About Us

How It All Began

South Africa in its diversity, also poses disadvantages in the monitoring, cataloging and prevention of disease. Since 1994 the role of smallholder poultry farmers, the increase in spent-hens as well as village chickens that are kept for subsistence farming have all created further need for effective disease control

The first outbreak, and subsequent outbreaks, including the current ones of Highly Pathogenic Avian Influenza (HPAI) in ostriches in South Africa has exposed the vulnerable position of the Poultry Industry with regards to disease control. There is also the constant threat of the LPAI H6N2 strain that cannot be ignored

Another problem the industry faces is the chronic situation of vacant veterinarian and veterinary technical posts. These personnel shortages place a lot of strain on government resources

However, in spite of this, progress has been made with the drafting and approval of Animal Health legislation, policies, standard operating procedures, contingency plans and even a communication protocol in conjunction with all the other role players

There is also a critical need for an extensive database containing information on all the poultry diseases in the country, including outbreaks. The information contained in the database will enable fact-based decision making by both the poultry industry and Government alike

Finally, another yet another issue that needs to be addressed is the monitoring of chemical residues in meat and poultry. At this point, the current testing is insufficient and the government has only just released a draft paper on the National Residue Monitoring Programme in poultry

In order to overcome the above stated problems, the poultry industry decided to establish the Poultry Disease Management Agency, who will be tasked with the disease monitoring, surveillance, management, control and communication on behalf of the Poultry Producers. This agency is funded by the statutory levy paid by all the producers

In addition, the Poultry Disease Management Agency aim to be a rallying point for all vested stakeholders, farmers, veterinarians and academicians, in short anyone with any interest in the protecting the national flock. We aim to create a community where ideas, information and news is shared, leading to quicker decision making and a cohesive sharing of information.

Our Purpose

To protect the National Flock through surveillance, monitoring and management of diseases which threaten the health of the flock and food security.

Strategic Goals

To have direct involvement in poultry disease control measures, through:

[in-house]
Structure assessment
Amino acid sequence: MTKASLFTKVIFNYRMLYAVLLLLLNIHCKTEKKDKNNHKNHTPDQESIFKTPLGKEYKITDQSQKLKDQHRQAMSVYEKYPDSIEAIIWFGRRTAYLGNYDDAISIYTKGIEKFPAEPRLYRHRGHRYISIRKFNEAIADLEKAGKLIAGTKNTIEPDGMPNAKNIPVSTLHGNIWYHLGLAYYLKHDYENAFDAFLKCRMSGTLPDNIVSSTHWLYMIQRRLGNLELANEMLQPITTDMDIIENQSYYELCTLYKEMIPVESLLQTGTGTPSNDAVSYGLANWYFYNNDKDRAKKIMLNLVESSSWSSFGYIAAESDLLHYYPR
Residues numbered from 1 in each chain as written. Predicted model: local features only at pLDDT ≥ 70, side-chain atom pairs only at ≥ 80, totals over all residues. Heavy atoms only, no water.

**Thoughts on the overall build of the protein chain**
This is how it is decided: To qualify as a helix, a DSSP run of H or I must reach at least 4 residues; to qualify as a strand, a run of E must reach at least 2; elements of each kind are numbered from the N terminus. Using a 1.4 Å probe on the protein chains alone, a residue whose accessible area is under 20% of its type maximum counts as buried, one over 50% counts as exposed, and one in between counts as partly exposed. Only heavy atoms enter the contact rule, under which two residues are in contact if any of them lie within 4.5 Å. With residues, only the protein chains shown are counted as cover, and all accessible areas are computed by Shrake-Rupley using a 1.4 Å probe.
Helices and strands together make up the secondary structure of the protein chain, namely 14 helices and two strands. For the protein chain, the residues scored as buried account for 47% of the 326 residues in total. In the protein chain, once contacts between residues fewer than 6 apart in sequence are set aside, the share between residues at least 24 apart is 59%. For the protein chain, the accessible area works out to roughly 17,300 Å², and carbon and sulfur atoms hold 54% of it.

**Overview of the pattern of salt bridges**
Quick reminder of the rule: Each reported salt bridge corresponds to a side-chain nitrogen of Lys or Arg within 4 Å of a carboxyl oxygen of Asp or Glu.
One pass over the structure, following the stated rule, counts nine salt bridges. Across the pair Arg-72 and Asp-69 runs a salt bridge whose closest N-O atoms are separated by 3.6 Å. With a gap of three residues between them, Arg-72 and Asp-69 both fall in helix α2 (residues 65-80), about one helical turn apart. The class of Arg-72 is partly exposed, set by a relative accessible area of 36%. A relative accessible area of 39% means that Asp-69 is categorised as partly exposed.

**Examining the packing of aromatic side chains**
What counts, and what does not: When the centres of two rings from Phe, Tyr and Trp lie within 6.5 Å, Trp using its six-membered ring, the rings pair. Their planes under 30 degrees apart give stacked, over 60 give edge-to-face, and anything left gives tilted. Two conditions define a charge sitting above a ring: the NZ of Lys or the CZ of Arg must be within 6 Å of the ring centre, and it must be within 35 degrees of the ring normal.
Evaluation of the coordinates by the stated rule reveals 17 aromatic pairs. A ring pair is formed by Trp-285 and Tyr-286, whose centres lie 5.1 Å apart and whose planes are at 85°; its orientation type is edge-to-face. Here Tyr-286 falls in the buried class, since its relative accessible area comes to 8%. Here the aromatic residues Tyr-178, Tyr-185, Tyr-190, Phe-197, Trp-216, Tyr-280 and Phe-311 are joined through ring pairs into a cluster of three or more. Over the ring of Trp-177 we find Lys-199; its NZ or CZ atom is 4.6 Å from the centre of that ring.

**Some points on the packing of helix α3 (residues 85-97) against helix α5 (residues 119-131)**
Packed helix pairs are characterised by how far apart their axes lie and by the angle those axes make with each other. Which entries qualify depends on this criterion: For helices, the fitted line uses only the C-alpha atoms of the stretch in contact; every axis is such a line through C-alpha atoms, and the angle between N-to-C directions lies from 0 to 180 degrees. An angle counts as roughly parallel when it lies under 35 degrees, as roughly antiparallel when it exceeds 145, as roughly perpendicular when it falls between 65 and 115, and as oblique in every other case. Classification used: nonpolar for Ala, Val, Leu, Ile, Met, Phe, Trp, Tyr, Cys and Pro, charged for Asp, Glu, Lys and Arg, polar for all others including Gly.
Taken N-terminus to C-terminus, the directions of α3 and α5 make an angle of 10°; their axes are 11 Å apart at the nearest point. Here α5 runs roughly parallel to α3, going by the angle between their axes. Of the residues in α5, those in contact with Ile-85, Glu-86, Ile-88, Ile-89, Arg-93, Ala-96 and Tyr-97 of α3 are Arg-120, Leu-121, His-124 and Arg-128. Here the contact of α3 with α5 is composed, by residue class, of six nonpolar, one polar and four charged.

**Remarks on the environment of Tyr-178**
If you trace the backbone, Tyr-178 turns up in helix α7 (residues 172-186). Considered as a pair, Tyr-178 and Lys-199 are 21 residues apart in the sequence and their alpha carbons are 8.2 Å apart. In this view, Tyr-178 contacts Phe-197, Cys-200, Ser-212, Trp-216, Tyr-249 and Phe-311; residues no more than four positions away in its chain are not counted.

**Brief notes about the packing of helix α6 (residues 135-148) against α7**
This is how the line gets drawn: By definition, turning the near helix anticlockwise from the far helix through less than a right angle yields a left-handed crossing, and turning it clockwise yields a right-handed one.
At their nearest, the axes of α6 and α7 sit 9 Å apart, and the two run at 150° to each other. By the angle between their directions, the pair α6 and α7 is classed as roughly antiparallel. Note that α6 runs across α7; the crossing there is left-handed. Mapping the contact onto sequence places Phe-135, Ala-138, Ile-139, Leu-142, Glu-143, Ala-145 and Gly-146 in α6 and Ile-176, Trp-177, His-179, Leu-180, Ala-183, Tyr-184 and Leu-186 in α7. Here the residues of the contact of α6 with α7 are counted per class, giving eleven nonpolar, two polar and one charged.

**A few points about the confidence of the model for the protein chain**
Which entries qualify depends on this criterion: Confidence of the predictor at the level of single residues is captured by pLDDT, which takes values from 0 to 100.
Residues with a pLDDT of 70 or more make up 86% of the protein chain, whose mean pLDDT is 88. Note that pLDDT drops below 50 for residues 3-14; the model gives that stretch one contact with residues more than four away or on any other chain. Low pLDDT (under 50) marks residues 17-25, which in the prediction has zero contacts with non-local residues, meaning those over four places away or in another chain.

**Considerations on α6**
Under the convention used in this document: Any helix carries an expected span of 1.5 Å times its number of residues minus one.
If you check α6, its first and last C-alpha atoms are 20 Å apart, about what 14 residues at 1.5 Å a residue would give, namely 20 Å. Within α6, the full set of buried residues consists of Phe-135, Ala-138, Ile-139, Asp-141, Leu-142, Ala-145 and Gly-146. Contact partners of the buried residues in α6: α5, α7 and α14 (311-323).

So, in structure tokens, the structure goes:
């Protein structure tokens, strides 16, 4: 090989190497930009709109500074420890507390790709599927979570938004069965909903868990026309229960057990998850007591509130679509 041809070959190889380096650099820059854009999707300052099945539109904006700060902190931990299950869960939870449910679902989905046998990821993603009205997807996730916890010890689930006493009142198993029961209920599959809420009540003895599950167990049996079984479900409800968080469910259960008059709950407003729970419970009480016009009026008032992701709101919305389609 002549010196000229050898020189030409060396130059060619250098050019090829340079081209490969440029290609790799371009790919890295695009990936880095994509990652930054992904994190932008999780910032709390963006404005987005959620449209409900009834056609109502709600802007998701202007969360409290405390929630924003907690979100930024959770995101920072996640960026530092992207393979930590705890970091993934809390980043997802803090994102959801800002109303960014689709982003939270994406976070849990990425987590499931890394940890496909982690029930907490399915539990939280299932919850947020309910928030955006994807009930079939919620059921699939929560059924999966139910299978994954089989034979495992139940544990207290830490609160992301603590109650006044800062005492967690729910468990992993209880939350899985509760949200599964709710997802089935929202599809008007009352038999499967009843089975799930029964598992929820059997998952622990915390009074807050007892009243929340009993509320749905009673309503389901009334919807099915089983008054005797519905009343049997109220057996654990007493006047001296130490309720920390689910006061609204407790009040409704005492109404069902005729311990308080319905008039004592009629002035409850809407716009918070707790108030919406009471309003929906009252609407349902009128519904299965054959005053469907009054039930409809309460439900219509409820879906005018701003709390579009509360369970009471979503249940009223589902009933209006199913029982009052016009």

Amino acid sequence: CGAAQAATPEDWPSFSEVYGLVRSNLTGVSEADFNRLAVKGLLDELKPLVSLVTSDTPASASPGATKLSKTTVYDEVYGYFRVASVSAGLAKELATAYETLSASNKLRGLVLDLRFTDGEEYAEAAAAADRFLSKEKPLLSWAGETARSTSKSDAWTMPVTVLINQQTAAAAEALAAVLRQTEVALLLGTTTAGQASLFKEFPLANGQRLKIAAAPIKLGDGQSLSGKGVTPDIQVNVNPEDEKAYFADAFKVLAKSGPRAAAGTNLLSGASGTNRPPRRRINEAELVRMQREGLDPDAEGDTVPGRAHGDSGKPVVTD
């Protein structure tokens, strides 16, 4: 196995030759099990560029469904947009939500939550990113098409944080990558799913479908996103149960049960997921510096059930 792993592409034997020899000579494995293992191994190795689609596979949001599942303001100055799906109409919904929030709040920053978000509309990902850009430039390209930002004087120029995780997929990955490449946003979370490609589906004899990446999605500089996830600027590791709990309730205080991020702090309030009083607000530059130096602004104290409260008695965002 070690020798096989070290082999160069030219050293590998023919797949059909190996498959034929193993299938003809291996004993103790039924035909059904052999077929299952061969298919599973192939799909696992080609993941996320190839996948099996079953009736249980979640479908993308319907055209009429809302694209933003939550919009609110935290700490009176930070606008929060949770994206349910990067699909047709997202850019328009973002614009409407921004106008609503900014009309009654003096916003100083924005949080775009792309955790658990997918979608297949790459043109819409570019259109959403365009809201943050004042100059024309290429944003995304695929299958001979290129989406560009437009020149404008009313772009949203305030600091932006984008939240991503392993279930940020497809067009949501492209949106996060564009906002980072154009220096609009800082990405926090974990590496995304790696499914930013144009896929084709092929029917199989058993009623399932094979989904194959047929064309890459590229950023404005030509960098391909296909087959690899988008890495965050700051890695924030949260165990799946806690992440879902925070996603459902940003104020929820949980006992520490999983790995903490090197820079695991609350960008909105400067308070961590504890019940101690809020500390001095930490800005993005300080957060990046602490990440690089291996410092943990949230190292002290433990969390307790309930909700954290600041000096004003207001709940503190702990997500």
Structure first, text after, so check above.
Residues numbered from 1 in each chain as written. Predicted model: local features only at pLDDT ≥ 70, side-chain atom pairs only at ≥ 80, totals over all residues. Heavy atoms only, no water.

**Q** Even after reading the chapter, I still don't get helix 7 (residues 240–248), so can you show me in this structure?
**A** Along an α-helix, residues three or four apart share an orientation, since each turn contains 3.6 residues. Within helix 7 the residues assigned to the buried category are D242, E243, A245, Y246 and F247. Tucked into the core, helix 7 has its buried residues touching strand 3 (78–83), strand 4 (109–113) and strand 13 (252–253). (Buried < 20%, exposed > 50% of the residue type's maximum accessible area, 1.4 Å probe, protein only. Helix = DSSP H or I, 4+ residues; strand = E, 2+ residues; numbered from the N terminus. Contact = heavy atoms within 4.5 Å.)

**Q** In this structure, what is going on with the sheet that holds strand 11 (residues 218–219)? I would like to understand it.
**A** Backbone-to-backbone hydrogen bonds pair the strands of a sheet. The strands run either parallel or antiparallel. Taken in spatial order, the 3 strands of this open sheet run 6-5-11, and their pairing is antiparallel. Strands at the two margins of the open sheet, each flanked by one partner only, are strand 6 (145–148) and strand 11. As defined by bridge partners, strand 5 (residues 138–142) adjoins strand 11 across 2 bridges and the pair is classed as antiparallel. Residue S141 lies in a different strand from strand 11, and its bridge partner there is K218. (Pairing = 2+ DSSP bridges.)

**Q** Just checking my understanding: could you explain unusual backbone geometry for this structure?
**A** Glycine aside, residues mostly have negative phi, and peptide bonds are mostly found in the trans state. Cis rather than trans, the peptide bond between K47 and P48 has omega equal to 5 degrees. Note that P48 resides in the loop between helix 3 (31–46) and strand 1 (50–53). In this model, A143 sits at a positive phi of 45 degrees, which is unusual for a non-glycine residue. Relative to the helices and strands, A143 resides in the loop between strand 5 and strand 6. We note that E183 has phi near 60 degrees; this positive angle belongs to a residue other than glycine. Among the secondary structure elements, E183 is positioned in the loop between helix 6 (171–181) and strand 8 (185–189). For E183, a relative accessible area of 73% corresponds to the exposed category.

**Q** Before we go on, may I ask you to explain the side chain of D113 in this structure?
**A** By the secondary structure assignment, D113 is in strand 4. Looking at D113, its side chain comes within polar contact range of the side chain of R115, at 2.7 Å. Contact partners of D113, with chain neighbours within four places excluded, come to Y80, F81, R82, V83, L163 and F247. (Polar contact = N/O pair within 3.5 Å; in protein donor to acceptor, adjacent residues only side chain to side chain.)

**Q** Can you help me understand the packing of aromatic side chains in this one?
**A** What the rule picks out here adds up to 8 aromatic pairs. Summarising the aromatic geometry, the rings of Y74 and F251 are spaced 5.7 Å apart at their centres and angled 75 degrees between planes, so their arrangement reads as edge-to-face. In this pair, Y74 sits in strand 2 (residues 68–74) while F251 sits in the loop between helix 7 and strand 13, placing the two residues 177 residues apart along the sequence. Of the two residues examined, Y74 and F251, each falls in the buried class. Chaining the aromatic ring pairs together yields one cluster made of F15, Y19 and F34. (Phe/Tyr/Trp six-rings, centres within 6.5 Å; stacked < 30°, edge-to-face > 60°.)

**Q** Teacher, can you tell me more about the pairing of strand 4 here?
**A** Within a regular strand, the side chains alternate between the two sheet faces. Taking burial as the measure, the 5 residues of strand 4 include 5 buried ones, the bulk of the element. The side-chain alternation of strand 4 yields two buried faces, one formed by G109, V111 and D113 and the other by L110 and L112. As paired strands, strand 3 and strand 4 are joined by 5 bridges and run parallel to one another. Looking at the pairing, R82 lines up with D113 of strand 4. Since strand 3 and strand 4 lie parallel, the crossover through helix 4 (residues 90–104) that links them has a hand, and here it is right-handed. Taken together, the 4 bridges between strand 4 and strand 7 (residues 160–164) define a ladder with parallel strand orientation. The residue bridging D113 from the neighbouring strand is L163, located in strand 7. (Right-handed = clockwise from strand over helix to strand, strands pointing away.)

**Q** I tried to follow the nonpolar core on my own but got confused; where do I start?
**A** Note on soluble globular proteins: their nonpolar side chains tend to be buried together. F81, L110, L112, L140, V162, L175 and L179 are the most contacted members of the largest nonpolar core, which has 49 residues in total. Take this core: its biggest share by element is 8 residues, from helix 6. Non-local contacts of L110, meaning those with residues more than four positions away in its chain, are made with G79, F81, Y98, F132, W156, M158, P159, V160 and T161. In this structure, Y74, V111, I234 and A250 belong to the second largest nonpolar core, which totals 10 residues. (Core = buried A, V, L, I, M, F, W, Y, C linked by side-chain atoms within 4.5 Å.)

• Influencing policy for controlled diseases
  • Disease surveillance of commercial and non-commercial sectors of the poultry sector
  • Reduction of disease levels nationally, including microbials
  • Rapid response mechanisms to local and exotic disease threats
  • Improving veterinary and animal health training within South Africa
  • Collaboration with ostrich industry- mutual benefits from improved disease control
  • Achieving and maintaining export status for the benefit of both industries
  • Establishing a formal public/private partnership (PPP), where the state delegates certain regulatory functions to the PDMA
  • Reducing the levels of residues in poultry meat through the residue monitoring program

Strategic Partners

South African Poultry Association (SAPA)




Developing Poultry Farmers organisation (DPFO)

Other Government Role Players







National Department of Agriculture and Role Players

Department of Health

Provincial Departments of Agric

Government laboratories

Other Partners

Private laboratories

Private vets

Poultry specialists


Animal Health Products

Animal Health Forum


National Agriculture Marketing Council

Consumer organisations


Strategic Priorities

  • Engage national and local government on issues of disease control in the South African poultry industry.
  • Make use of the database of poultry farms in South Africa to assist DAFF with monitoring of notifiable disease such as Avian Influenza, Salmonella and Newcastle Disease, while using it to develop monitoring programmes for important disease such as Infectious Bronchitis.
  • Appoint or designate veterinarians with expertise in poultry diseases in each Province who would be available to assist state veterinarians in the event of disease outbreaks in commercial, smallholder and subsistence poultry in those provinces.
  • Investigate the role of the PDMA in training state veterinarians and/or Animal Health Technicians so as to improve the service delivered by the state in the event of disease outbreaks on poultry farms.
  • Consider developing a residue monitoring programme for poultry products nationally, or at least a database of residue monitoring data which is available.
  • Deliver improved technical and veterinary support to smallholder poultry farmers so that they can achieve greater production success in collaboration with State Veterinary services or through the PDMA’s own initiatives.
  • Collaborate with the ostrich industry.